House prices rise by 11.7% in the year to July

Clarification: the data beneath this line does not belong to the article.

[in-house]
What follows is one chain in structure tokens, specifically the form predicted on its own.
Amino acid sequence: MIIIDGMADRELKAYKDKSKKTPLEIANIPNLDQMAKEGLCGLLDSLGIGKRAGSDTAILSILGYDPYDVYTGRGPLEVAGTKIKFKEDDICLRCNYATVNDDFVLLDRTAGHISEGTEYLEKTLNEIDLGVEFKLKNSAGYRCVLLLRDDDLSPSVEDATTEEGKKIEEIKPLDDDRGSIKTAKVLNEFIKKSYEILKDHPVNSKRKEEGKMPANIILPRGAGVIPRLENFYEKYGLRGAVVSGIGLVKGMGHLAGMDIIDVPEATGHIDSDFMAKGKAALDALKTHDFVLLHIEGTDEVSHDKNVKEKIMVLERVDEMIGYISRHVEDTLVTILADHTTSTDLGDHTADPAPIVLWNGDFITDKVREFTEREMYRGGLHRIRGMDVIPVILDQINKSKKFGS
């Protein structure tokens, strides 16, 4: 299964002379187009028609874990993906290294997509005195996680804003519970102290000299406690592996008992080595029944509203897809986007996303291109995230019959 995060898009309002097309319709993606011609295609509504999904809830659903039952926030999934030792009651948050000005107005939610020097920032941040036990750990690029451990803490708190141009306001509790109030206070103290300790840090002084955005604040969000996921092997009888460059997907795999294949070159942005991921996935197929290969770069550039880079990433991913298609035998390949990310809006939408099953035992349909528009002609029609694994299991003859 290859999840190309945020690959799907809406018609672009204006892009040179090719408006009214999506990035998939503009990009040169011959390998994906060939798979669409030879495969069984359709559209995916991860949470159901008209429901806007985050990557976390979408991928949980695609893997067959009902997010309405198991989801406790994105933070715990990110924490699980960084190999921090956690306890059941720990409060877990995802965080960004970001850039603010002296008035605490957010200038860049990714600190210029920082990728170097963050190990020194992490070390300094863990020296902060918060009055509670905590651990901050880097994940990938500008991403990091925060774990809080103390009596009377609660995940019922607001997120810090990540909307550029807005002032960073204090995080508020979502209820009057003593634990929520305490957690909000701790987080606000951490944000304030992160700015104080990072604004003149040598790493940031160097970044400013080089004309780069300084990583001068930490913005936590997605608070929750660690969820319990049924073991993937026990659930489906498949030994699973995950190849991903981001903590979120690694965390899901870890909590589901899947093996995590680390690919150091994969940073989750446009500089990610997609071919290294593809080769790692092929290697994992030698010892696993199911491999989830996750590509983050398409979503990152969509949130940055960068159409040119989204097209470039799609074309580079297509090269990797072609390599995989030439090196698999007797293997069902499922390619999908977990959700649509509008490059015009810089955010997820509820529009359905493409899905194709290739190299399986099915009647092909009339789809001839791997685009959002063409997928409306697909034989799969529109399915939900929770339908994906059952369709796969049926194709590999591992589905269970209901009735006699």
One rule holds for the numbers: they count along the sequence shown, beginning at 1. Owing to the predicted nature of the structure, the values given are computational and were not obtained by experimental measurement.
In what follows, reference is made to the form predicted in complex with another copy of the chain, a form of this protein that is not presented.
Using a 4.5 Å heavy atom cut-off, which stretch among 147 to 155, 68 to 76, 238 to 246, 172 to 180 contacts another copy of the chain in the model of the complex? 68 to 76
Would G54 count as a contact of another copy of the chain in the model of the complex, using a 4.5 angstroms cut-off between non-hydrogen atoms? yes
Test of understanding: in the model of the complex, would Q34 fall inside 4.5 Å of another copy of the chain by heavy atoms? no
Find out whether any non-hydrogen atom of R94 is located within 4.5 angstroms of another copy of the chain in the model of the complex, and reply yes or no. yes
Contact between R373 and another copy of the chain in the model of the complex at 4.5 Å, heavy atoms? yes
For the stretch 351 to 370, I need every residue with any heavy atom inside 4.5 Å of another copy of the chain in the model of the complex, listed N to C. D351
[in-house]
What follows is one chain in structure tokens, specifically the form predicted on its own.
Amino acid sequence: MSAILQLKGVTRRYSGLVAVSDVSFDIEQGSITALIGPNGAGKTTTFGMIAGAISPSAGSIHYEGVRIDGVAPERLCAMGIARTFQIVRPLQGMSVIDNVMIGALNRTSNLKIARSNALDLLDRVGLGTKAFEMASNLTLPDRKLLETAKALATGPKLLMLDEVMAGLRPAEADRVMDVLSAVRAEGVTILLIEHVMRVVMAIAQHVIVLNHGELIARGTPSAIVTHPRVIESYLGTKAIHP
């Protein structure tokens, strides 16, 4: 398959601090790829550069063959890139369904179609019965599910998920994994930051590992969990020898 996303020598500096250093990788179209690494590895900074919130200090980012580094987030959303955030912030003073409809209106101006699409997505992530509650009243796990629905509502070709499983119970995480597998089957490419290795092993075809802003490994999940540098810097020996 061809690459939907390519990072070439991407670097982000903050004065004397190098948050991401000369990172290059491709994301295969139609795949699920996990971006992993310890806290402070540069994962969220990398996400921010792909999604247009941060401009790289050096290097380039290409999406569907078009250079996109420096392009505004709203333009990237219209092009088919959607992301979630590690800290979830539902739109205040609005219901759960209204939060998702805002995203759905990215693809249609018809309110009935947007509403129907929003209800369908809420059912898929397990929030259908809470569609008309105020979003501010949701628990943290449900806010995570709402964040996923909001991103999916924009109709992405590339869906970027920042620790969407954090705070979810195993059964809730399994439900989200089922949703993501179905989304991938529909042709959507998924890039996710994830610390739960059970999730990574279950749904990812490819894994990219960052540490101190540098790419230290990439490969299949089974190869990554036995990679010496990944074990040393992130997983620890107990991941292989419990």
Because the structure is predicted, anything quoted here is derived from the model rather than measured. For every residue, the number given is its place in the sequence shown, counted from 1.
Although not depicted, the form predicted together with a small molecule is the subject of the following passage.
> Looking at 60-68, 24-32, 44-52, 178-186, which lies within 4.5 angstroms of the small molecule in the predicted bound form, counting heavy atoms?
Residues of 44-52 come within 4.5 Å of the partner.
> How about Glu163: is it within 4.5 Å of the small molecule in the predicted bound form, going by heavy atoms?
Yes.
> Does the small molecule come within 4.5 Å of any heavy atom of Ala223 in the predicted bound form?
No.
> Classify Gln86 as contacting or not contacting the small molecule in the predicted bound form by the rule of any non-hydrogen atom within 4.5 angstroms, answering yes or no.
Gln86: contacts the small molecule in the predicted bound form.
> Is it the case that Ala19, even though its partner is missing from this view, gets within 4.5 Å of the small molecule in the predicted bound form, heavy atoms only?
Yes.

House prices in the UK have risen by 11.7 per cent in the year to July 2014, accelerating from the 10.2 per cent increase recorded in June, official data has revealed.According to the Office for National Statistics, strong gains are being witnessed across the UK, with the biggest rise occurring in the capital. As a result, the average price of a residential property is now at the record level of £272,000.Prices in London increased by 19.1 per cent, while in the south-east they rose by 12.2 per cent and in the east they climbed by 10.6 per cent.The average cost of a house in the capital is now £514,000, while in the north-east, which has the lowest average price, the figure is £156,000.There was a significant rise in the prices paid by first-time buyers - these were 13.5 per cent higher on average than in July 2013. The corresponding figure for owner-occupiers was 10.9 per cent.According to the data, the East Midlands, West Midlands and south-west of England have joined London, the east of England and the south-east of England in climbing above the peak of late 2007 and early 2008.Howard Archer, chief economist at IHS Global Insight, told the Guardian: "Stretched house prices to earnings ratios, the prospect that interest rates will start to rise before long and tighter checking of prospective mortgage borrowers by lenders will likely have some limiting impact on buyer interest."However, he added that we are unlikely to witness a significant tailing off of house price growth due to continuing supply constraints, sustained economic growth, elevated consumer confidence and the prospect of an improvement in earnings growth.News of the recent rise follows the publication of a report by the National Housing Federation revealing the affordability problems posed by soaring property prices.According to its study, home ownership is becoming the preserve of a wealthy elite, as average earners such as nurses and firefighters are increasingly being priced out of the market.
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